Air Koryo flights to Macau were suspended even before Covid-19. Because of the cold weather, they say. They end as they started, shrouded in mystery. Did you know that no Macau resident has travelled on Air Koryo in these four months?
Air Koryo flights to Macau were suspended in January, Macau Business learns from a source at Macau Airport (CAM).
The suspension occurred even before the effects of Covid-19 led to the cancellation of flights by several companies and has a very different explanation: according to our source, the North Korean company argued with climatic factors to end the three weekly connections. “Cold weather,” was the expression used.
Based on the assumption that it is not normal for an airline, which operates scheduled and not charter commercial flights, to suspend the operation for seasonal reasons, this is just one of the other mysteries surrounding Air Koryo’s connection to Macau.
This is the first time that the CAM publicly assumes the discontinuity of the connection between Macau and Pyongyang, since until now there has been talk only about certain cancelled flights.
Macau Business asked CAM directly how many Air Koryo flights to Macau were cancelled in these four months but did not get a direct response.
CAM talks about “occasional flight cancellations”, but Macau Business contacted several sites that track world air connections and there was one that told us that it really lost interest in the operation, so many cancellations.
AACM, for its part, added that “occasional flight cancellations are managed by airlines themselves and do not require the approval of the Civil Aviation Authority.”
Who were the passengers?
“According to the results of Monthly survey on travel agencies of Statistics and Census Bureau (DSEC), there was no record on Macau residents using services of travel agencies to travel to the Democratic People’s Republic of Korea in 2019,” answered DSEC.
Since purchasing a ticket through a local travel agency would be the only way to travel to Pyongyang, it appears that no resident of Macau used the three weekly connections between the two airports. And that the travellers concerned were after all citizens of North Korea.
According to the administrative information provided from the Public Security Police Force, there were 3,766 visitor arrivals holding travel document issued by the Democratic People’s Republic of Korea in 2019, but it was not possible to obtain the information divided by months, with the Public Security Police.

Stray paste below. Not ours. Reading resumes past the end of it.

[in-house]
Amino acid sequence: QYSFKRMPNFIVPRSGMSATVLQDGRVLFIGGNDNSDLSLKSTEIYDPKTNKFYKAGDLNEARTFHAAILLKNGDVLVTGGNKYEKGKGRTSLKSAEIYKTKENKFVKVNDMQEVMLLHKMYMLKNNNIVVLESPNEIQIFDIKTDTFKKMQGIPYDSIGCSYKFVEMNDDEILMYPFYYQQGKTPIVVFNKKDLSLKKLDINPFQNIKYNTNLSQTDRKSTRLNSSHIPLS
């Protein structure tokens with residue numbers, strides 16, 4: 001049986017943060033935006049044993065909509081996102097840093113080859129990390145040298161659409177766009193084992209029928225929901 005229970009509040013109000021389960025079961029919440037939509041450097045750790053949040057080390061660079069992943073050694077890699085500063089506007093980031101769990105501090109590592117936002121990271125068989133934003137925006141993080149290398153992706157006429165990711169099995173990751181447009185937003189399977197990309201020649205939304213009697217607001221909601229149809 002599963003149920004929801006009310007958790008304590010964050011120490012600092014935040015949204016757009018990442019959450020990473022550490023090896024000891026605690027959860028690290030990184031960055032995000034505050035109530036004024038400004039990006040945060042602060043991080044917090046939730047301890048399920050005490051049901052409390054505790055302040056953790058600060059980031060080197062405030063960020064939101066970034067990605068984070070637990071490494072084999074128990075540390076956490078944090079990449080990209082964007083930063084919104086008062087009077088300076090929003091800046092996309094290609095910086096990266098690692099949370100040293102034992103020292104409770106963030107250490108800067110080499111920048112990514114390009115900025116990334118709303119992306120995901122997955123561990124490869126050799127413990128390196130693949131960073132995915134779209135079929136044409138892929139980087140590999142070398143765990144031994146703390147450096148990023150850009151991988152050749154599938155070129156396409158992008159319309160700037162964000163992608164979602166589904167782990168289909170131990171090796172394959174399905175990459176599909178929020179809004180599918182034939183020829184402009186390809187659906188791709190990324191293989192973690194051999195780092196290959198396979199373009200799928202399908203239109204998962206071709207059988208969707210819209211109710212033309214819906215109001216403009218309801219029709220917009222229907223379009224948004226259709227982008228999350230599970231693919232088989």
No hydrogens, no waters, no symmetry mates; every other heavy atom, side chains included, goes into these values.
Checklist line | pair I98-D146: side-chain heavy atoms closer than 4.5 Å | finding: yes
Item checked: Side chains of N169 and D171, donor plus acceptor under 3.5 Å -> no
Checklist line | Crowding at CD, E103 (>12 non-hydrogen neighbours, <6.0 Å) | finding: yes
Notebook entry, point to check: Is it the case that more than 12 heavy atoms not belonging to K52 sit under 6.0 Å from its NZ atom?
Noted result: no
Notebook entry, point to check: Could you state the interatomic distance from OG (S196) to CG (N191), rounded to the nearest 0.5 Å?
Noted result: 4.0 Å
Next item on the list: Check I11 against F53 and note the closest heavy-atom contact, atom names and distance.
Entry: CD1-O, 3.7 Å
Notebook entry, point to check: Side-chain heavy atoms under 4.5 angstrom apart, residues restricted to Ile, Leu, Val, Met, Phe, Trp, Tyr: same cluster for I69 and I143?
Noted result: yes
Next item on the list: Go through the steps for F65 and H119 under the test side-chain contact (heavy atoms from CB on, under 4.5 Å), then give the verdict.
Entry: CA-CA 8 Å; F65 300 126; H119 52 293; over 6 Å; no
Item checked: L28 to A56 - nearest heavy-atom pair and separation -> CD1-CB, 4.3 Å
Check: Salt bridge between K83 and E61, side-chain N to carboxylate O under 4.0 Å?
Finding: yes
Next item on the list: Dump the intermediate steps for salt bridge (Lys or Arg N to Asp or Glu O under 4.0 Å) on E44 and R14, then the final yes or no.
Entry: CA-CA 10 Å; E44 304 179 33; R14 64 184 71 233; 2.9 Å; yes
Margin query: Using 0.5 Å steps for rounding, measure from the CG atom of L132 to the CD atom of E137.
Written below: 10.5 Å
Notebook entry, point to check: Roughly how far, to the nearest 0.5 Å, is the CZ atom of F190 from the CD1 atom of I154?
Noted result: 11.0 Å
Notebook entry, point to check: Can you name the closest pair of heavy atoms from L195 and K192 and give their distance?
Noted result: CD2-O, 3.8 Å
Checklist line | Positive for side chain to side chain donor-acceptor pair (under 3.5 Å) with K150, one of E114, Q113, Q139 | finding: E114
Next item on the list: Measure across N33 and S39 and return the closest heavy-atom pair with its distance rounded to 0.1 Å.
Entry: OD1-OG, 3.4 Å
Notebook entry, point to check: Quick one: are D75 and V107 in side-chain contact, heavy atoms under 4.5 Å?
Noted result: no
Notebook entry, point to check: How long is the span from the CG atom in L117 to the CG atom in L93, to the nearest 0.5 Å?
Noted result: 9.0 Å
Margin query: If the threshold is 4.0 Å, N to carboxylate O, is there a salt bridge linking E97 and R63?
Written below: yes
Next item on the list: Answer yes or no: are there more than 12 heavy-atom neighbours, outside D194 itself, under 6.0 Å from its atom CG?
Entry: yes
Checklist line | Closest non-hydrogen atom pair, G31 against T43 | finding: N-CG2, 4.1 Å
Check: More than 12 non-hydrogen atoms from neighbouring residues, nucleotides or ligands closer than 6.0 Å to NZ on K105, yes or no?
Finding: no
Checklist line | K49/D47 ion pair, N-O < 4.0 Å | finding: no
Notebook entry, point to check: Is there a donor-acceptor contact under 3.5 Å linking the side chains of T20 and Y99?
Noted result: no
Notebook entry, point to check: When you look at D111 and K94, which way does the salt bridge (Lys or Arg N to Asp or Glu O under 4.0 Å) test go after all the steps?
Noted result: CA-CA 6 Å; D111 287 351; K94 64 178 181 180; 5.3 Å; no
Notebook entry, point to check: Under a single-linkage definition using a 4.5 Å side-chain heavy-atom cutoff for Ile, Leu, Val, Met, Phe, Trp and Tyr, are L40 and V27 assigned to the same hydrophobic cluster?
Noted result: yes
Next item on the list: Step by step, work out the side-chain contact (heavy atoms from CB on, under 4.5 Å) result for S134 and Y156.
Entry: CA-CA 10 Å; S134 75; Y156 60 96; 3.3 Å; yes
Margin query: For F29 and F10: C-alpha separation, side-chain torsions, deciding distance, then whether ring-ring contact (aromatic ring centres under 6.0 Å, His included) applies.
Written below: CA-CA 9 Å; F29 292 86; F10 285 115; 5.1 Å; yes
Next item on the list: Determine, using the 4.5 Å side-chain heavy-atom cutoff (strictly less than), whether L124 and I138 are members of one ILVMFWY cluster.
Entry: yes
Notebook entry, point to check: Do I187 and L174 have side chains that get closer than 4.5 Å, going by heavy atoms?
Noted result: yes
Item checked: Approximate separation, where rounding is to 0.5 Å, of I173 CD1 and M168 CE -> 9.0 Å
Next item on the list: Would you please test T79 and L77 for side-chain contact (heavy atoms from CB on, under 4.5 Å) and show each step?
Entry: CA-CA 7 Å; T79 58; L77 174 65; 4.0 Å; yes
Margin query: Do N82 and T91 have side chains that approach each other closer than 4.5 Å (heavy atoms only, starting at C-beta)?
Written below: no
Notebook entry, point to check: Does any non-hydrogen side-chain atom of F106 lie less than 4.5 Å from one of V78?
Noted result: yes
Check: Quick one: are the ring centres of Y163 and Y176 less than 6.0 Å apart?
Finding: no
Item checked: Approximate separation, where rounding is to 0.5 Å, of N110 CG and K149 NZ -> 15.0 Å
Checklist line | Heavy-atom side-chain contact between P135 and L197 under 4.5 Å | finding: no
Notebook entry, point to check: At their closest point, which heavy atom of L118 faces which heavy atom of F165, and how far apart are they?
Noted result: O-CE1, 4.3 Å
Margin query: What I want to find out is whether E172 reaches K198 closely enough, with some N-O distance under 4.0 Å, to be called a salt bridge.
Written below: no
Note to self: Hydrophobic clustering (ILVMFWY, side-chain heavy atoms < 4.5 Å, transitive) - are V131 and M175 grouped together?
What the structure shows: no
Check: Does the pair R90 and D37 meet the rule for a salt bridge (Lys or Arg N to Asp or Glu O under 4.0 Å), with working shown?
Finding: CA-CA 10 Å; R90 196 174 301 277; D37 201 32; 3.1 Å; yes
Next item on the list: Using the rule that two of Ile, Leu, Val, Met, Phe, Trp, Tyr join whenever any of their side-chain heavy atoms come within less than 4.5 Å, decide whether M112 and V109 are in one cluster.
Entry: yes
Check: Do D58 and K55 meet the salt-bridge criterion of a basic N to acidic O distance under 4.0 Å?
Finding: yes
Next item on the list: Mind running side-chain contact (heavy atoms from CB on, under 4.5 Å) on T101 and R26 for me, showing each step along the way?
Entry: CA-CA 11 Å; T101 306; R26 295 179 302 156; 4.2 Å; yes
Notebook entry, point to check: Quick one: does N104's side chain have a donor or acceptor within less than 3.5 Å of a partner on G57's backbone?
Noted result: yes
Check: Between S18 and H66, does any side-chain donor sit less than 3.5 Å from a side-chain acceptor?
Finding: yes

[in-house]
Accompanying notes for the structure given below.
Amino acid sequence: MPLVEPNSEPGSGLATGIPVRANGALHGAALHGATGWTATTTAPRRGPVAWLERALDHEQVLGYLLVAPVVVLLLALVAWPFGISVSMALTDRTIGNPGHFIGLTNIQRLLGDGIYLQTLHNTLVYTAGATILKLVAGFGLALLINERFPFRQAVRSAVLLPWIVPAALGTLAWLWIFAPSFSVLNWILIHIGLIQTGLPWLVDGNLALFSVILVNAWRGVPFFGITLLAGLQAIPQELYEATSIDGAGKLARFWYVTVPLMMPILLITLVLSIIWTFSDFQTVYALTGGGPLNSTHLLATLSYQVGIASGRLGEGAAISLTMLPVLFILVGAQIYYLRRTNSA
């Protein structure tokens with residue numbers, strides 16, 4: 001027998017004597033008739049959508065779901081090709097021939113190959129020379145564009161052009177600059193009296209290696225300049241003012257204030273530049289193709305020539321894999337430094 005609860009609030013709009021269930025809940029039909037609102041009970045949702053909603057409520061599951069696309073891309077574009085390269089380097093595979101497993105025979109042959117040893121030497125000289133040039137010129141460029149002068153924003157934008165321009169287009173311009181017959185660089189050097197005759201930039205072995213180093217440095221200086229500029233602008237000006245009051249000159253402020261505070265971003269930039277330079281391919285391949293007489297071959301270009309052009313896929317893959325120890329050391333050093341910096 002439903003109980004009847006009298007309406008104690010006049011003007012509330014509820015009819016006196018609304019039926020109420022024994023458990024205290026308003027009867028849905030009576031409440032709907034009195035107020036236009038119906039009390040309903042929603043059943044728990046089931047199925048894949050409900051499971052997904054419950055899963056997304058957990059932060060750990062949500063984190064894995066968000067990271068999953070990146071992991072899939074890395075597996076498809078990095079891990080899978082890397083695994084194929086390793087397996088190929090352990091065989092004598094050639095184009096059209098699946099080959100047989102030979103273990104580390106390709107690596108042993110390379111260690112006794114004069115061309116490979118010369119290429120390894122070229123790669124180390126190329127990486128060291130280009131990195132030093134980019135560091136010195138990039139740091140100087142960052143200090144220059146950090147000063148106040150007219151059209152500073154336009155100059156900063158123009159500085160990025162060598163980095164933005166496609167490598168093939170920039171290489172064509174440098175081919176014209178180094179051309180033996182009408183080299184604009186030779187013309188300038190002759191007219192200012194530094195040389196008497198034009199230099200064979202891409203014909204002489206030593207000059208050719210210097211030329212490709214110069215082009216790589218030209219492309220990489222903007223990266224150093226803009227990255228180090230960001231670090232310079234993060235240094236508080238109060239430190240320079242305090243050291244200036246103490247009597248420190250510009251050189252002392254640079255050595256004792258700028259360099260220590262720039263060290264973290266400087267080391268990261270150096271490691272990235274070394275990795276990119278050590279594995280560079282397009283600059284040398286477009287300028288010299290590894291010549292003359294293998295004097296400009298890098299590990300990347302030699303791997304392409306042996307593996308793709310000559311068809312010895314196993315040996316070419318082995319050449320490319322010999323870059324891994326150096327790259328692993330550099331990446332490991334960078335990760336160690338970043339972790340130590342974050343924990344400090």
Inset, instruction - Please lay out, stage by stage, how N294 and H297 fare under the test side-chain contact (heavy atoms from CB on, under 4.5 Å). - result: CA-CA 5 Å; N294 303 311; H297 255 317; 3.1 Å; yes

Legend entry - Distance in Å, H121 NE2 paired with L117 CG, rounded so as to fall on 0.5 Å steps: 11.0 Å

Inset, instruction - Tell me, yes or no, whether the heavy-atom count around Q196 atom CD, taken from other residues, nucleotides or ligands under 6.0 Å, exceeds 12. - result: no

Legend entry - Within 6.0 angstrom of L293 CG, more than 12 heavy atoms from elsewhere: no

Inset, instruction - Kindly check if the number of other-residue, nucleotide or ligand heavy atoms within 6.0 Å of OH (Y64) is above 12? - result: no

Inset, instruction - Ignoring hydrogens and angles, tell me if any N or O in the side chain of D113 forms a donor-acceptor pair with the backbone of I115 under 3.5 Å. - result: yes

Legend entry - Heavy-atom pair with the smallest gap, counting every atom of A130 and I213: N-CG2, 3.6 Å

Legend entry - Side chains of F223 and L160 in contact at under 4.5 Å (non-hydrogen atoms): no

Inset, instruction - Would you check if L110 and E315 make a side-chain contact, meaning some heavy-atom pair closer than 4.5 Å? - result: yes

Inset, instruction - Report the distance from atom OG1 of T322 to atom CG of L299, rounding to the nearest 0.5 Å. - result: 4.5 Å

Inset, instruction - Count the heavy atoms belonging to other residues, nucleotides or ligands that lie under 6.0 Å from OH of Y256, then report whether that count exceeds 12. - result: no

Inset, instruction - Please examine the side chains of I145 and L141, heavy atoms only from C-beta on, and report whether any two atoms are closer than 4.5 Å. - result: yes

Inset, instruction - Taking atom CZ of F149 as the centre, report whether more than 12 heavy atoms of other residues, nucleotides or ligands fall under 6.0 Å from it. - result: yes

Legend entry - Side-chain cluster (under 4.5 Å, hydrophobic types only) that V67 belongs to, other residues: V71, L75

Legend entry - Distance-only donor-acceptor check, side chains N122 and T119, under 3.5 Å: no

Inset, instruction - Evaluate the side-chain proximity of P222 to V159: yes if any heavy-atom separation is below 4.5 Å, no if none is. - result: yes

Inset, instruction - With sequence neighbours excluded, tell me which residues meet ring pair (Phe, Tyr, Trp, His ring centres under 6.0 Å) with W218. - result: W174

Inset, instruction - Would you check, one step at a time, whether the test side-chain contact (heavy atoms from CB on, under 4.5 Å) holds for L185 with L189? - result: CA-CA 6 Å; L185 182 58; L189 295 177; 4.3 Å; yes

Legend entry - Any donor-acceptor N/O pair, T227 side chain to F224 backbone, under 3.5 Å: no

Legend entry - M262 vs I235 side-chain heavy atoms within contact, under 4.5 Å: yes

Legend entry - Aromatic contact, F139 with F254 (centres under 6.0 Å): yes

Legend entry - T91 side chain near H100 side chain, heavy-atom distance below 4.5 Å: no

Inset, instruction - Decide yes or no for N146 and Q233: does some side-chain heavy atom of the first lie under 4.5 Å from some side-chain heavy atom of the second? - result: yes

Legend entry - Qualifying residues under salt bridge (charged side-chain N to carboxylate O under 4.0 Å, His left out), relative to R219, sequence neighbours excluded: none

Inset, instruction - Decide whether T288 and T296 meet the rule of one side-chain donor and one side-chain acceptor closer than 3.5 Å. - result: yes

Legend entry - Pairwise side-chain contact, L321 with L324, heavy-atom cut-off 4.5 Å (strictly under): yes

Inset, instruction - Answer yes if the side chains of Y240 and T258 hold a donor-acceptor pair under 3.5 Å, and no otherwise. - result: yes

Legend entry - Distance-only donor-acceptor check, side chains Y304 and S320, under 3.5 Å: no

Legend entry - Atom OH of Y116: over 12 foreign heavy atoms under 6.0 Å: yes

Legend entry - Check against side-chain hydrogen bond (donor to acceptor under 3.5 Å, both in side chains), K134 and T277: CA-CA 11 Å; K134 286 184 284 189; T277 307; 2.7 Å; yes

(One exception: since SDTM operates a casino in the North Korean capital and, according to various sources, the employees who maintain the operation are Macau residents, it is likely that some of them used the flight, with tickets purchased in Pyongyang).
The truth is that it was not possible to buy tickets for this flight at any of the major global operators that operate online and it is unknown that any local travel agency was promoting the connection.
More: Air Koryo maintains an updated website, with the ‘timetable’ of its international calls, but Macau was never listed. Only the two connections to China (Beijing and Shenyang) and Vladivostok.
The storyline becomes even more surprising if we add that, having started at the end of September, with two weekly connections, Air Koryo moved to three flights from October last year.
According to CAM information, each flight (via the Antonov An-148 airplane) “can accommodate about 70 pax each time and the seat factor during that period is about 60-70 per cent.”
This is a value considerably higher than that revealed for the first month of operation, in which 648 people traveled, divided by the 22 flights that then took place, which means less than 30 passengers per connection.
“To resume later”
Air Koryo connected Pyongyang and Macau between 1996 and 2004.
He returned to the territory in 2019, but only for (less than) five months.
According to CAM, “they have intention to resume later in 2020.”
All attempts made by Macau Business in recent months to obtain information and explanations from Air Koryo have resulted in a negative outcome.
AACM clarified that “for all foreign airlines operating in Macau, the Civil Aviation Authority will assess the technical conditions of the airlines before granting them the flight authorizations. When the operations have commenced, our Authority will conduct periodical inspections on the foreign airlines through the SAFA (Safety Audit on Foreign Airlines) Programme. We have done the SAFA on Air Koryo in last November and we will continue to inspect their operations through the SAFA Programme.”
Zokwang, do you remember?
Last September, Macau Business discovered a website (https://zokwang.weebly.com) allegedly owned by the North Korean company Zokwang that was intended to sell heavy arms from the company’s delegation in Zhuhai.
Among the heavy-duty weapons listed on the Internet is the famous Pongae-5 Strategic Surface to Air Missile System (also known as KN-06), costing a cool $51,000,000 (MOP412,000,00).
North Korea established a business in Macau in 1973 or 1974 called Zokwang Trading Company, a subsidiary of Daesong Economic Group, under the Foreign Trade Ministry and frequently associated with the Korean Worker’s Party.
After the intervention, in 2005, of the US Treasury Department accusing a bank of Macau of being a ‘willing pawn for the North Korean government to engage in corrupt financial activities’, Zokwang decided to transfer its activities to Zhuhai.
A few days after the publication of Macau Business, the company that hosted the website (Weebly) closed it.
Weebly declined to provide information, but the various sources outside North Korea, consulted in the following weeks by Macau Business, argued that being an anonymous website it would be difficult to make a direct imputation to Pyongyang.